I don't like to throw around words like "authenticity" too much. Not only does it reliably raise someone's ire, I don't necessarily think it matters. As long as food tastes good, I consider it a success. After all, just a difference in the water can make a particular specialty taste different from city to city.
But Japanese food has been an interesting case in Houston, a city which seems to run largely on mayonnaise-laden, blow-torched American-style sushi rolls. There are strongholds of more traditional (mostly homestyle) Japanese fare such as Nippon and Café Kubo's, but with a relatively small Japanese population, there simply isn't the same demand for that as there is for, say, Punjabi cuisine that will remind ex-pats of home. It was an exciting surprise, then, to find myself one of the few non-Japanese present during a packed lunch service today at brand-new Zen Japanese Izakaya on South Shepherd in Montrose.
The menu is far too large to do proper justice to it during a single lunch, especially because both the large dinner menu and smaller but different lunch menu are available at lunchtime. But despite kinks in service (my server visibly trembled when she took our order, then forgot an item), it's clear this one is going to be a winner.
I'm a stickler about properly cooked rice and Zen has it. The chirashi, served with personably salty miso soup and a salad dressed with orange and sesame, is excellent proof thereof. A pile of sticky but sturdy grains is dressed in soy-based sauce and covered in a mix of admirably fresh seafood as well as microgreens, cherry tomatoes, shiso leaves, Asian pear and chiles, to name just some of the uncommonly varied confetti of toppings.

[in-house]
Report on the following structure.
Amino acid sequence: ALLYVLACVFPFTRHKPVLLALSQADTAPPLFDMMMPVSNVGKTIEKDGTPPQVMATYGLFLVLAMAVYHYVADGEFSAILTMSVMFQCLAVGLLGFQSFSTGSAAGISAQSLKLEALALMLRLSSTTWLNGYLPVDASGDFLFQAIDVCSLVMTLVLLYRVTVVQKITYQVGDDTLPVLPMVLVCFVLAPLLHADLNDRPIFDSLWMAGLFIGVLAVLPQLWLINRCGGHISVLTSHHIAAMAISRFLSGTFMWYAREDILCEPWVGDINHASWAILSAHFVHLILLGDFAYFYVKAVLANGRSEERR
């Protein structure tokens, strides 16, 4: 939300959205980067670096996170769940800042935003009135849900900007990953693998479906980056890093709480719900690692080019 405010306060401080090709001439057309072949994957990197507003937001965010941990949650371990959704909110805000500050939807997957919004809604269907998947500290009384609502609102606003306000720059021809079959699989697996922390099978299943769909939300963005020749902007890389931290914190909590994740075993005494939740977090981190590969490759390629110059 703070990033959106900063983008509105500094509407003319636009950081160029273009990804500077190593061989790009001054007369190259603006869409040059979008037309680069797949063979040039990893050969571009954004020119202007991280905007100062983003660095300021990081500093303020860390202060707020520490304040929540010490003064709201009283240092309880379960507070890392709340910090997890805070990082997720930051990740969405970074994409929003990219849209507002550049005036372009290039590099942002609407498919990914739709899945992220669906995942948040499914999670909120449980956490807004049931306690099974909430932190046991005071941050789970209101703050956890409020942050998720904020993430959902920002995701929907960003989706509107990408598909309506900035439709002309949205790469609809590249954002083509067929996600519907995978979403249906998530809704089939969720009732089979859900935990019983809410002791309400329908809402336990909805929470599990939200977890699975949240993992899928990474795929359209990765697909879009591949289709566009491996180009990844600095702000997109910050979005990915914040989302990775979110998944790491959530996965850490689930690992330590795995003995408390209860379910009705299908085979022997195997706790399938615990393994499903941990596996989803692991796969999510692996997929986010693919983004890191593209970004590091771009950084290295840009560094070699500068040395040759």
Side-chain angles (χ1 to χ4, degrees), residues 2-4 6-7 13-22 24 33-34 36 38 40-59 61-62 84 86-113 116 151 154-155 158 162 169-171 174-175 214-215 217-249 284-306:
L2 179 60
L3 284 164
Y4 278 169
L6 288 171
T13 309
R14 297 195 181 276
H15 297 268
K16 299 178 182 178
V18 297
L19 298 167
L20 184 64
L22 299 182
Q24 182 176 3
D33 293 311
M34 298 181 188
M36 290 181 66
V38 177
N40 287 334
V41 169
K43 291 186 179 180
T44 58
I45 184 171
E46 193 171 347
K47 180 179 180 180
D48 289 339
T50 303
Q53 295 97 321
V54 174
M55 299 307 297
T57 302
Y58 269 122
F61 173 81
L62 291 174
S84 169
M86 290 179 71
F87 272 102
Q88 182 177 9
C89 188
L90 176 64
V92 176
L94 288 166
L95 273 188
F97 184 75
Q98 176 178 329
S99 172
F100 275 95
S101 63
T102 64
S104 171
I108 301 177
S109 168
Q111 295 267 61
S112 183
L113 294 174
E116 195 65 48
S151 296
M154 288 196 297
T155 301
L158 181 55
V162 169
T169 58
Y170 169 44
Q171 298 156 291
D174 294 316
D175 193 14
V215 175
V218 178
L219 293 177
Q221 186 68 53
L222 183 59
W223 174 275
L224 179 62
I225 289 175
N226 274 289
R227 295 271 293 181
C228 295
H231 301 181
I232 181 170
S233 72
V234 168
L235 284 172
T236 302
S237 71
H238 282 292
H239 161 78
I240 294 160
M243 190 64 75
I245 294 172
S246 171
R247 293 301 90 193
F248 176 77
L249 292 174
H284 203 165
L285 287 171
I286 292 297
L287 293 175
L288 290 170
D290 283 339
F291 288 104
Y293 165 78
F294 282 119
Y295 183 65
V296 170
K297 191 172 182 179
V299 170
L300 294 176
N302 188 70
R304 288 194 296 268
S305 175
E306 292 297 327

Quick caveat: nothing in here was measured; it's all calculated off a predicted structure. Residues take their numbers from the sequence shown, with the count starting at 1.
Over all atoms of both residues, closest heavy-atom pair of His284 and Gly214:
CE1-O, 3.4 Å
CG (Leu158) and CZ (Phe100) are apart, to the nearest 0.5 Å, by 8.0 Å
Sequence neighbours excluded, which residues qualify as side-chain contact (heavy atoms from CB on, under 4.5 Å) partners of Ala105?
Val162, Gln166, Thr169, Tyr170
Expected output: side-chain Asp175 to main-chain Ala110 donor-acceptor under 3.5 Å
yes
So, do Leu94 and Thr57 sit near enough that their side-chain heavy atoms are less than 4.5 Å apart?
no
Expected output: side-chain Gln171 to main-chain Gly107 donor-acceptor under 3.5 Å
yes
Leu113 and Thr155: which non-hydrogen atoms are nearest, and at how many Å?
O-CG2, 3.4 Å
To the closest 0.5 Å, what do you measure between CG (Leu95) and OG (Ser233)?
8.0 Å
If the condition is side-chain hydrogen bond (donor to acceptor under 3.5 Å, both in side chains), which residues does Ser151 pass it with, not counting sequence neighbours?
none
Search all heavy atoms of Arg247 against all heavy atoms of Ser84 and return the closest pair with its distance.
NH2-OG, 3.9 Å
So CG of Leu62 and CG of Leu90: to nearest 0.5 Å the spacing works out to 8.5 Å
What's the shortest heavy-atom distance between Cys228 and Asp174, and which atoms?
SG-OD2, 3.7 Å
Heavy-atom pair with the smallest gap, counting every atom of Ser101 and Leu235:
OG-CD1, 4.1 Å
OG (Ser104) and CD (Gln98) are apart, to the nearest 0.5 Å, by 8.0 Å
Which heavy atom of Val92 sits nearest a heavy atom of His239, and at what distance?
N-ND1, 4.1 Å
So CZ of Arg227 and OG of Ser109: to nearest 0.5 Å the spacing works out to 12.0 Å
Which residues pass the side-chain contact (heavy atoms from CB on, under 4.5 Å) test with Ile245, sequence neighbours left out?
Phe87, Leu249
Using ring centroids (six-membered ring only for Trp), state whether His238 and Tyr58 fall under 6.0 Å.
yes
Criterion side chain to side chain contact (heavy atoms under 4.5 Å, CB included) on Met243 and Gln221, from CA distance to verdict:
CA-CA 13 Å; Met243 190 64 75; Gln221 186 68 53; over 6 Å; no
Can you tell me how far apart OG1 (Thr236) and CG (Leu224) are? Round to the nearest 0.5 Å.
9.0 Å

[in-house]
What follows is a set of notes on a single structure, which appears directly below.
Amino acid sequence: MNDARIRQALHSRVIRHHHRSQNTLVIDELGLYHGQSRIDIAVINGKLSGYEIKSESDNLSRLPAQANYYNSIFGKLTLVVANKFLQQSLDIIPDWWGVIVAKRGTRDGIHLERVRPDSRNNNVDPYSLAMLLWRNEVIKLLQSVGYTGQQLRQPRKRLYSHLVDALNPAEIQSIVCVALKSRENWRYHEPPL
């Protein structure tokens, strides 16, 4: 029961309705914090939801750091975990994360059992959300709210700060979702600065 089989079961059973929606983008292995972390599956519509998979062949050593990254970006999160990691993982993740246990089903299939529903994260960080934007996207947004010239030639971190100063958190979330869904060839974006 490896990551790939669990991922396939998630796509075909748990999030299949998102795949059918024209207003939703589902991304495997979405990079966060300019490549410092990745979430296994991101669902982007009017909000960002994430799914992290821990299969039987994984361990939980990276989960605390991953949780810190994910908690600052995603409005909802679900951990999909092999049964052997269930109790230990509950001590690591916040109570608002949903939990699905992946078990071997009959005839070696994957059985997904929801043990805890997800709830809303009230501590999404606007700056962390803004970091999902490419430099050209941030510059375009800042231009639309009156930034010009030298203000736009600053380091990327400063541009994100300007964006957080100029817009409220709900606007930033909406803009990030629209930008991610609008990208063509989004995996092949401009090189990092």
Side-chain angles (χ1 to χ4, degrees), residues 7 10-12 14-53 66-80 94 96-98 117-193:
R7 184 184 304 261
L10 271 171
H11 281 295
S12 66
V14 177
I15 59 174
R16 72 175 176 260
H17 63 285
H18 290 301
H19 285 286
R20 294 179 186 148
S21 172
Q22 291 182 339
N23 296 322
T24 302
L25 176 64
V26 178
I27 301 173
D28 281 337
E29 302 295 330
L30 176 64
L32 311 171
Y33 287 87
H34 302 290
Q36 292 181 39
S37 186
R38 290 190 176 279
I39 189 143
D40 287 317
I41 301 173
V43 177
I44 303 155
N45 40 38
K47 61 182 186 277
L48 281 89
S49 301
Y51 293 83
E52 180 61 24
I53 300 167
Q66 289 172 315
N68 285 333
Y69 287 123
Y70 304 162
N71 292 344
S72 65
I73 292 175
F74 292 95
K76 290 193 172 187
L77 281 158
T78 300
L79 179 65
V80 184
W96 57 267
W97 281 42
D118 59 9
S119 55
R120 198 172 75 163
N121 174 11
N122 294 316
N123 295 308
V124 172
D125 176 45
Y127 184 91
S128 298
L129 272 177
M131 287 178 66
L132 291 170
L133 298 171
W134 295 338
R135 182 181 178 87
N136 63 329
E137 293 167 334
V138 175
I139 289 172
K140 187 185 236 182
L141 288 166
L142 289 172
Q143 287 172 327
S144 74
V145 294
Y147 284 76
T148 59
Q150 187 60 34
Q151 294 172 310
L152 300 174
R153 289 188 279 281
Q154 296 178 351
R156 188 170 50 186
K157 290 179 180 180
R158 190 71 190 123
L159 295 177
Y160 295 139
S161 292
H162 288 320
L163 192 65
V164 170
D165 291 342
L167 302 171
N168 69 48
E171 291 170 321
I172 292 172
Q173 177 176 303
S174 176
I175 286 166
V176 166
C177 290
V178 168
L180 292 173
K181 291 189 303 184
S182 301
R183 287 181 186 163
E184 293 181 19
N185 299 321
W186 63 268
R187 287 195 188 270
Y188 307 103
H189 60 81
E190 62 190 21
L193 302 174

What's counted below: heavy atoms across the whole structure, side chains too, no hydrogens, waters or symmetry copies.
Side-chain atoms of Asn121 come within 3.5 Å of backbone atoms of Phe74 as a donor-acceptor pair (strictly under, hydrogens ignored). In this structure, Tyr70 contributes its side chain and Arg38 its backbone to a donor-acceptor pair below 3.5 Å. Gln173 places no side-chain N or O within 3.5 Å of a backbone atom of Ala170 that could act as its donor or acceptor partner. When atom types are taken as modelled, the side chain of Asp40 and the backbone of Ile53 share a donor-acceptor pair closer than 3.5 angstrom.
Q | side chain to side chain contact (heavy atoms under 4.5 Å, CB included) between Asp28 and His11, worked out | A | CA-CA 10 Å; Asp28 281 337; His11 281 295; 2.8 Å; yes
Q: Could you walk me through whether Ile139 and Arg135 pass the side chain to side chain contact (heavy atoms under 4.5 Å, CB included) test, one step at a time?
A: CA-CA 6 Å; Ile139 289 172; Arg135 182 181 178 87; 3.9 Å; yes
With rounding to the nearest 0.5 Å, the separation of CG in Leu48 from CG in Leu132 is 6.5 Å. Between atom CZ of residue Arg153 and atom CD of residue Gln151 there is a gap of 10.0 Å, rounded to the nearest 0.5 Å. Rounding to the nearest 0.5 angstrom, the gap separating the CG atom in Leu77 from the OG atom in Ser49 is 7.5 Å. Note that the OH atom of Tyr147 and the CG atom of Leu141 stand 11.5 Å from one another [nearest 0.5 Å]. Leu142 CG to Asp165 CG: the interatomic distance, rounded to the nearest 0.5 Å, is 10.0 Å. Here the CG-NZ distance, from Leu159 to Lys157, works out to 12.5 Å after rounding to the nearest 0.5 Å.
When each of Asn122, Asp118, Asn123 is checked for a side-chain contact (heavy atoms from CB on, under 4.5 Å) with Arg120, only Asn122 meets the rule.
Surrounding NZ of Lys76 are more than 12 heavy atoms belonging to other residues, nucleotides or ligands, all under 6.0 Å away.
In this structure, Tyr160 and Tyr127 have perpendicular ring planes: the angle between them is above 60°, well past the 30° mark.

One dining partner was thinking of trying the unagi don, but we decided to sample the eel in the form of the Hot Mom roll instead. It's one of the overwhelmingly large roster of sushi offerings that span from the austere to the, well, mayo-topped. The Hot Mom is somewhere in between with a filling of deep-fried eel and Fuji apple covered in chopped yellowtail, caviar and eel sauce.
At dinner, the main attraction is a multi-course kaiseki-style tasting that must be ordered at least a day in advance. I was able to preview some of the same delicate beauty in the form of Zen's "signature lunch," the wagyu shokado bento. For $19, the lunch contains no fewer than 10 different dishes. It begins with soup and ends with a choice of ice cream (vanilla, strawberry, red bean or green tea). Four pieces of sushi included two dictionary-definition pieces of tuna nigiri, but also a strangely likable pair of deep-fried pieces of salmon roll in eel sauce.
The wagyu teriyaki was light on pink, juicy beef and heavier on beautifully prepared veggies, especially the pieces of eggplant. Other highlights included slices of sweet potato simmered in orange juice, sweet rolled omelet (tamago) and mushroom-filled, dashi-flavored egg custard, chawanmushi.
And now, just writing about the meal, I'm seriously considering returning for round two tonight—perhaps grilled salmon served in an apple or a plate of omu-rice. If it's not tonight, it will certainly be soon.